On this day in 1984, Michael Jackson swept the 26th annual Grammy Awards, winning eight trophies, for everything from Record and Album of the Year ("Beat It" and Thriller) to Best Recording for Children (timeless children's classic, the E.T. the Extra-Terrestrial soundtrack). No doubt because of Jackson's presence, the telecast remains the most watched in history; Whitney Houston's death this year almost helped the Grammys break that record, but it still came up about four million viewers short of the 43.8 million who watched in 1984.But there were other winners that night. Rounding out the "Big 4" categories: Sting won "Song of the Year" for writing The Police's "Every Breath You Take" and the coveted Best New Artist award went to Culture Club (which had scored three Top 10 singles off of its debut album in the U.S., the first band since The Beatles to do so). Elsewhere, former Cincinnati Bengals defensive lineman Mike Reid won Best Country Song for writing "Stranger in My House" for Ronnie Milsap and the crappy movie Flashdance was all the rage, winning Irene Cara "Best Vocal Performance, Female" for "Flashdance (What A Feeling)" and Giorgio Moroder "Best Instrumental Composition" for "Love Theme from Flashdance", while the soundtrack won the awkwardly titled "Best Album of Original Score Written for a Motion Picture or a Television Special." Best R&B Instrumental Performance went to Jazz legend Herbie Hancock's "Rockit," the first popular single to feature DJ scratching (by pioneering turntablist, GrandMixer D. St.) and the first time "Hip Hop" was accepted by the Grammy committee. It would be five years before the awards added a "Rap" category, though that year (1989), most nominees (including winners DJ Jazzy Jeff and the Fresh Prince) boycotted the ceremony because it was one of the awards not given out during the telecast. Here's Hancock, his band and D. St. doing "Rockit" live:Click the jump for Born This Day featuring Rolling Stones co-founder Brian Jones.
Music Tonight: We usually (always) give suggestions for live music to check out in this space, but today, we're telling you to go to the movies. But there's still quite a "live music" component. For one night only, the never-before-seen concert flick Rolling Stones: Some Girls Live in Texas is being screened at movie theaters across the country. The film features footage from a July, 1978, concert in Fort Worth, Texas, during the band's tour for Some Girls (which featured hits like "Shattered," "Miss You" and "Beast of Burden"). The movie screens locally at the Deerfield Towne Center theater and the Springdale Showcase Cinemas at 7:30 p.m. tonight. The special screening also includes a recent 20-minute interview with Mick Jagger about the concert and era. The film will be released on DVD on Nov. 21. Below is a trailer for the film and rehearsal footage from the band's appearance later in ’78 on Saturday Night Live, performing Some Girls track "Respectable."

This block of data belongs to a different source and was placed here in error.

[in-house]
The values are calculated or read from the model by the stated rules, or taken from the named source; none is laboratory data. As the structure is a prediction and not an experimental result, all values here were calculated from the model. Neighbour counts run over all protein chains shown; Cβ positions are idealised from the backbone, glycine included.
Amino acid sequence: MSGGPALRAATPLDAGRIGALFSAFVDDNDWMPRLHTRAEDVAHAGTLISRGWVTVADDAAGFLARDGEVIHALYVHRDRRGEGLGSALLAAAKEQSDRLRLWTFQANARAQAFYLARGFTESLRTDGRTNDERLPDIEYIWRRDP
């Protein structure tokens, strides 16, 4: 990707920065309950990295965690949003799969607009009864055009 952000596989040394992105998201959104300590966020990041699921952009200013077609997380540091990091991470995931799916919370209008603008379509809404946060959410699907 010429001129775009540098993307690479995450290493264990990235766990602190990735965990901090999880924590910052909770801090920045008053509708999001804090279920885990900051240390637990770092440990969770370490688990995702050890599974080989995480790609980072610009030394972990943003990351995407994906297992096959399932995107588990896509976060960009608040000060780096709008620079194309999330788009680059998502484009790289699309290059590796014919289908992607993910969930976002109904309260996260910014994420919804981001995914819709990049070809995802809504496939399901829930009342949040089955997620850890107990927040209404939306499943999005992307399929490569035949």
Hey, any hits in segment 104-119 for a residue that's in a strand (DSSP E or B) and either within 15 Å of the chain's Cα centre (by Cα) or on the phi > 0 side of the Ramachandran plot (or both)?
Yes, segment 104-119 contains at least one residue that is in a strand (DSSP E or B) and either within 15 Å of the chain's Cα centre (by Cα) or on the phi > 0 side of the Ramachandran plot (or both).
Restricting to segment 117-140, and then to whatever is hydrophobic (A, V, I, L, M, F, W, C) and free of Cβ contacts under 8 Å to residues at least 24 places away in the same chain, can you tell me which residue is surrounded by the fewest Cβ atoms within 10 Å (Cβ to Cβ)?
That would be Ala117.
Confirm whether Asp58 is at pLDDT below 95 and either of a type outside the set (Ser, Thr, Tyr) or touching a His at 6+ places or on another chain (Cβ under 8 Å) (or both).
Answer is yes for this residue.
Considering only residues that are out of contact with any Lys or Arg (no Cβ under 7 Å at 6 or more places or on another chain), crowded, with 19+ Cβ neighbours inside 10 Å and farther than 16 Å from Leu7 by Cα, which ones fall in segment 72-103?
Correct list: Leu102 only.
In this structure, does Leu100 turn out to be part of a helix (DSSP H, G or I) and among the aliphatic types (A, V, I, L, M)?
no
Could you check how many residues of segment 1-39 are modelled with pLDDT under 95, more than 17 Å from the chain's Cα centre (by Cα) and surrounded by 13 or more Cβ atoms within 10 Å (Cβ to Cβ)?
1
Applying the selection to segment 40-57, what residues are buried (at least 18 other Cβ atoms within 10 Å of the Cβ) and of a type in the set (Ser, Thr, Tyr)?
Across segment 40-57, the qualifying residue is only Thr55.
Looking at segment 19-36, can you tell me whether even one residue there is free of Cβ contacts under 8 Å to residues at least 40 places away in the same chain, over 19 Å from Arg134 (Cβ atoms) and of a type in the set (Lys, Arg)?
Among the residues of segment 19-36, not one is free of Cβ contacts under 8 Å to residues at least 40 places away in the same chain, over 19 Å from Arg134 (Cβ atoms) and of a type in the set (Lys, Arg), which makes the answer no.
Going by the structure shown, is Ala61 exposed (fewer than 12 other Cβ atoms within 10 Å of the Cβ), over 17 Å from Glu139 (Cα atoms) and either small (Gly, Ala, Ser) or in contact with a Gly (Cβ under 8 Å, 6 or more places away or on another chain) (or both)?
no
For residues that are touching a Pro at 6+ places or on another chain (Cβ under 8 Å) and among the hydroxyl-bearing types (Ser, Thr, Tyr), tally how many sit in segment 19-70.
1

0 Comments · Wednesday, August 24, 2011
So far, this October’s planned concert honoring the late Michael Jackson seems like a tribute to the behind-the-scenes turmoil of Jackson’s life rather than the impact of his music. Jackson’s mother said earlier this year that the concert will be held in Wales (for some reason), two weeks after Jackson’s doctor goes on trial for involuntary manslaughter.
0 Comments · Wednesday, June 30, 2010
The first African-American President of the United States of America is cyber-facing off with the first extraterrestrial Pop diva (Lady Gaga) in a race to see who can be the first living person to break 10 million friends on Facebook. President Obama immediately stopped work on the BP oil spill, economic rebuilding and fighting two wars and hired Ashton Kutcher as his Facebook czar.
0 Comments · Tuesday, March 16, 2010
Reuters reported that Pink Floyd has succeeded in stopping its label, EMI, from unpackaging its albums and selling individual songs as downloads or ringtones. There goes our plan to hold the record for the world's longest ringtone, sides 1 and 2 of 'Ummagumma.'
0 Comments · Wednesday, February 17, 2010
After blessing a Vatican MySpace site that featured a list of apparently Pope-endorsed songs that included ones by 2Pac and Fleet Foxes, the Vatican newspaper/Web site The Holy See recently released another list of “good/Godly” Pop songs.
Michael Jackson music doc humanizes a misunderstood performer
0 Comments · Friday, October 30, 2009
The cynics among us will decry 'This Is It' as a money grab, the latest step in the exploitation of dead superstars to enrich the coffers of this or that financial entity (studios, record companies, family estates, etc.). Instead, the film proves once and for all that Wacko Jacko was one of us, but one who also happened to be an almost pure personification of musical expression. Grade: B.
0 Comments · Wednesday, October 21, 2009
Leslie Hindman Auctioneers recently auctioned off Elvis Presley collectibles featuring clothes and "sweat-stained scarves," as well as a clump of what is alleged to be The King's actual hair. The dark locks are believed to be from when Elvis received his crewcut upon entering the Army in 1958. The clippings sold for a meager $18,300.